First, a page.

Coachella Festival Boosts Art Factor, Green Initiatives—and Comfort Level

The Coachella Valley Music and Arts festival, known for reinvention, amped up the scale of its art installations and green initiatives�"and concertgoers' comfort levels.

By Alesandra Dubin April 28, 2008, 12:44 PM EDT

The Do Lab's installation featured about 35 structures, which provided shade and colorful meeting places on the field.

Photo: BizBash

FROM INDIO, CALIF. For a nearly decade-old festival with a storied history including financial woes, the Coachella Valley Music and Arts Festival has an uncanny way of reinventing itself and keeping its offerings fresh every spring. Goldenvoice, the Los Angeles-based producer of the festival, which began on Friday and wrapped yesterday at the Empire Polo Field in Indio, amped up programs geared toward environmental friendliness, artistic expression, and—most noticeable to the hordes who made the pilgrimage to the desert—concertgoers' comfort.

This year Goldenvoice introduced an expanded lobby area that featured lockers, vendors, restrooms, and water fountains, leaving more room on the main polo field for concertgoers to mingle. Over the three-day weekend, an estimated 150,000 people meandered through the bustling expanse of grass, with the biggest crowd on Saturday, the day with the most buzzed-about lineup. Prince, added late to the schedule, drew the most enthusiastic crowd and performed such unexpected songs as Radiohead's “Creep” (and more expected ones like “1999” and an encore including “Let's Go Crazy").

Coachella also added high-end lodging options to its on-site camping offerings. New tent packages included air beds with sleeping bags and pillows, plus larger camping plots with more privacy, as well as access to upgraded amenities including showers and restrooms, breakfast buffets, and adjacent parking. Package prices went as high as $4,000 for two-person safari tents—fully furnished bedrooms with air-conditioning. (The polo field is mostly exposed to full, scorching sun, with the V.I.P. area adjacent to the main grounds being coveted in part for its shade and misters—plus its bars.)

Goldenvoice also continued the water-bottle recycling program it began last year with youth activism org Global Inheritance (concertgoers could redeem 10 empties for one fresh, cold bottle) and kept the cost of water at $2 per bottle, the price it has been for as long as most returning festivalgoers can remember.

Global Inheritance also supplied the Energy Factory, an installation anchored by a 45-foot-tall wind-powered clock, near the entrance of the festival. Among the environmentally conscious offerings within the installation were bikes that powered cell phone chargers and misting fans, plus an educational biodiesel exhibit and eco-friendly screenprinting.

Perhaps the most ambitious (and buzzed-about) of Coachella's eco-friendly initiatives was the festival's partnership with Amtrak to create a shuttle service between Los Angeles and the polo field in Indio. Dubbed the Coachella Express, the free train transported concertgoers with camping passes; then, from a temporary train platform in Indio, shuttle buses transported concertgoers to and from the camping check-in area at the venue. For non-train riders, the “Carpoolchella” initiative rewarded people traveling at least four to a car by offering prizes, like lifetime passes to the concerts and V.I.P. tickets.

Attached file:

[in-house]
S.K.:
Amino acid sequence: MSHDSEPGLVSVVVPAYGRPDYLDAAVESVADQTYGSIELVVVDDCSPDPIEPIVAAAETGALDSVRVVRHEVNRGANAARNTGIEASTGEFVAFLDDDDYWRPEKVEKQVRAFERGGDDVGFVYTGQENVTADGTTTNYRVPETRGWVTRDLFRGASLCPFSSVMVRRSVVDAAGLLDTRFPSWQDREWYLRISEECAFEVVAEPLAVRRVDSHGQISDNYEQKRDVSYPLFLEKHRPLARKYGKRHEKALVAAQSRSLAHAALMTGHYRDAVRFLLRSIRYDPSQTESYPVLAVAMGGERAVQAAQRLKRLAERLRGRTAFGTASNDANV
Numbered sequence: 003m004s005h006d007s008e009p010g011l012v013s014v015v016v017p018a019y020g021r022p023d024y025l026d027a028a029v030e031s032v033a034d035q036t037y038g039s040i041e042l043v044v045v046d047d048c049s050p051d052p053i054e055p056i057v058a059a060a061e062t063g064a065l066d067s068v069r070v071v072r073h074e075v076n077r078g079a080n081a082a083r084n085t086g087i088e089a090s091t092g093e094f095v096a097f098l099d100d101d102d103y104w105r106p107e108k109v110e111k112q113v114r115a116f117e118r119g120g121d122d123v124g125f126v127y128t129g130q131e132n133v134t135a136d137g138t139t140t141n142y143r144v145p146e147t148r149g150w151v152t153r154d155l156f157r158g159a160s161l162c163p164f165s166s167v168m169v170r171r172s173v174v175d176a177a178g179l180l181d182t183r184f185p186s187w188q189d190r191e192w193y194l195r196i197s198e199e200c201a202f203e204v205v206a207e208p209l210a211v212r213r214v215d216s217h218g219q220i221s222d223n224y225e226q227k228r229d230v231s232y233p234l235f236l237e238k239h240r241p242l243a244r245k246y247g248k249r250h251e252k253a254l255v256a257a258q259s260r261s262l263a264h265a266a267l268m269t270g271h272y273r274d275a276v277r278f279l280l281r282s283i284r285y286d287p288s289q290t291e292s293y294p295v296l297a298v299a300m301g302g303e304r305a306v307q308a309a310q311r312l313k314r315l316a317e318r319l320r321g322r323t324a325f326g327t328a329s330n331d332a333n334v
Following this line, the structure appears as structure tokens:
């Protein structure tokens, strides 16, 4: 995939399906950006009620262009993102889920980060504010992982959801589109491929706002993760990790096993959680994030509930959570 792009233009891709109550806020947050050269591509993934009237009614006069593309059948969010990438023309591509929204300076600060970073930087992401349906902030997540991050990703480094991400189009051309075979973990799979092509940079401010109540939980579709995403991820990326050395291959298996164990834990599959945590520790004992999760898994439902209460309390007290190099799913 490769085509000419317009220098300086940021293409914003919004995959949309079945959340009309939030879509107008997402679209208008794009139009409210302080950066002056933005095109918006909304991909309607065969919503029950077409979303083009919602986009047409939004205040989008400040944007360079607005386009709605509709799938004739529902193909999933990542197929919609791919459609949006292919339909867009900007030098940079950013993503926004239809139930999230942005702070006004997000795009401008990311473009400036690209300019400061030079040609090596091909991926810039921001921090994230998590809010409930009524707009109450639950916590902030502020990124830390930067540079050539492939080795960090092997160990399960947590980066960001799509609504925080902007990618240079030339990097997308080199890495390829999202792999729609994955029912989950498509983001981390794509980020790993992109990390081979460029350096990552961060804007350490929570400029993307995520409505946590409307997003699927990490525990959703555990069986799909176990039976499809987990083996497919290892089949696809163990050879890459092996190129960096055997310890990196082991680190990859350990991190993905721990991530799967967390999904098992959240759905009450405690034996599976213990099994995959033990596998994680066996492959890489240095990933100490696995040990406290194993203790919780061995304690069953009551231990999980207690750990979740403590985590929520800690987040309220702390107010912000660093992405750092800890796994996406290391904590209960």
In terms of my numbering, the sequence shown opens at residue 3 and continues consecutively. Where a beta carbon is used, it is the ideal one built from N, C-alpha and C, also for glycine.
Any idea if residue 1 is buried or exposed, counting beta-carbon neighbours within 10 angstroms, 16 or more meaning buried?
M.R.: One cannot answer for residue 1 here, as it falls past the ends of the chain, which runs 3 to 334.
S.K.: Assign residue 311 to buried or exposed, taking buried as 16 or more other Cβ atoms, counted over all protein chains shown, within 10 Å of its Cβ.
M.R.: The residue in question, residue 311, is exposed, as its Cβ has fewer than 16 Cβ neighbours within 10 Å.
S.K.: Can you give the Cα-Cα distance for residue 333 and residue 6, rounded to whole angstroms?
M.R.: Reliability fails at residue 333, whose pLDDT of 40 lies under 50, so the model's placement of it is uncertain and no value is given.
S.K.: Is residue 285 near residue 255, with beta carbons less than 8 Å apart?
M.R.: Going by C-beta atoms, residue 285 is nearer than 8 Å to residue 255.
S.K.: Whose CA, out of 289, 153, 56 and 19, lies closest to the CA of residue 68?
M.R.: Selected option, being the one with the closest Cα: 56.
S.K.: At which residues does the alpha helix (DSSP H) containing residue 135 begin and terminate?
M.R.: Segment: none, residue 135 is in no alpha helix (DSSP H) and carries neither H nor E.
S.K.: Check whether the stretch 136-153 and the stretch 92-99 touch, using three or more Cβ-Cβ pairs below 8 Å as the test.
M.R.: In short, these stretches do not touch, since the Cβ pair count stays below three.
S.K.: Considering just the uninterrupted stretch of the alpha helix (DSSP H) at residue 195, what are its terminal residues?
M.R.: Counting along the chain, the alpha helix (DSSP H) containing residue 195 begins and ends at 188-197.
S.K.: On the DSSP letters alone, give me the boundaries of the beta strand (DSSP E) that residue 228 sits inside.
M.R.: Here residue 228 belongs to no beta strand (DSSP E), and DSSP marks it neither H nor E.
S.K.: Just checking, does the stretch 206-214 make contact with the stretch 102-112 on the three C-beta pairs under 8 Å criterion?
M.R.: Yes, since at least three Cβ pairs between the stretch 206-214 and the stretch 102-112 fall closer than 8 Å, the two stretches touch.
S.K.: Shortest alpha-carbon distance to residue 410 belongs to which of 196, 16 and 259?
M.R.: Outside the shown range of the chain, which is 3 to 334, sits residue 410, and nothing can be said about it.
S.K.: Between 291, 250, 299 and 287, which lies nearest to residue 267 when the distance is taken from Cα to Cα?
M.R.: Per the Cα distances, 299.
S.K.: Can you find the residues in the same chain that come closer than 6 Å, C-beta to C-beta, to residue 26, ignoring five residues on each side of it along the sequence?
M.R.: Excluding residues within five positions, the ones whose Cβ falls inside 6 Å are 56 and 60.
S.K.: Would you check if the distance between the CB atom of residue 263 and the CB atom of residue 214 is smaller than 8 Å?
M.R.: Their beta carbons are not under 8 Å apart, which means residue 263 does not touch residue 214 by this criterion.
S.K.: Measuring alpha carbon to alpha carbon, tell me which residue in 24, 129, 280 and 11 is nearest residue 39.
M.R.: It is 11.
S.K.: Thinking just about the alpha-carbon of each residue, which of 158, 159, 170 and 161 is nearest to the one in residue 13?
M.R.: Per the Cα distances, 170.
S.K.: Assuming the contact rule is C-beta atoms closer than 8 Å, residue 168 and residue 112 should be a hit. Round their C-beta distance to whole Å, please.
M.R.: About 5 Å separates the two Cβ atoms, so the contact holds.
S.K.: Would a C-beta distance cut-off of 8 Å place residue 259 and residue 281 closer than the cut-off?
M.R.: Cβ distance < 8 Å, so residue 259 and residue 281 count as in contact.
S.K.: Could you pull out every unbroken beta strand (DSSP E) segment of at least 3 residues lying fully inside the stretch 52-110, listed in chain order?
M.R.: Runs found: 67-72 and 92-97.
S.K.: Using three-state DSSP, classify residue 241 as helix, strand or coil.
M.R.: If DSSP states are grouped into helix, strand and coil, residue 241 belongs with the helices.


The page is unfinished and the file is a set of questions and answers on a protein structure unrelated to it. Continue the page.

In a marriage of comfort, entertainment, and branding, a slate of sponsors set up tents on the festival grounds. AT&T set up a “Refresh and Recharge” tent, where festivalgoers could come in to juice their cell phones or check their email at computer terminals while watching a live feed of the shows on plasma screens. (For those who couldn't be there in person, AT&T offered a live feed online, too.) In the Virgin autograph tent, bands signed stuff for attendees on each of the festival's three days. And in PlayStation's tent, guests could play games like its new karaoke-style SingStar (which the brand also pushed at T-Mobile's off-site party on Saturday night).

Another one of the big stories out of the festival this year was the growth of the already massive and diverse art installations meant to put the “arts” in the “Music and Arts Festival.” The Do Lab, the Los Angeles-based artists' collective that created some of the installations that peppered the vast field, took most of a week to load in about 35 pieces, which rose as high as 30 feet. In addition to the art factor, the installations also served to provide shade, as well as cooling: This year, misters and water pumps sprayed out 6,000 gallons of water per day, up from 2007's daily 2,400. (Other festivals had coveted 2007's installations, so the Do Lab ended up taking them as far away as Japan, although they weren't designed to be moved and reinstalled. This year, the Do Lab built the pieces with portability in mind.)

“We had a little more than an acre of land inside Coachella, and [our installation was] very dense. We made new shapes out of rattan fabric and added a lot more lighting sculpture elements—pieces that light up inside,” said the Do Lab's Jesse Flemming, whose work also served as multitiered platforms for Lucent Dossier Vaudeville Cirque performers and an environment for about 20 DJs' sets. Further, the Do Lab's installations served as meet-up spots, which, Flemming added, worked as “little intimate zones where groups of friends could get together and relax.”

“Goldenvoice doesn’t give us any mandates at all—this was our fourth year, so they gave us free rein to do whatever we chose,” Flemming said, adding that one of Goldenvoice's key objectives was that “they really wanted an amazing skyline at nighttime. They wanted to look across the field and see all this stuff pop up and glow.”

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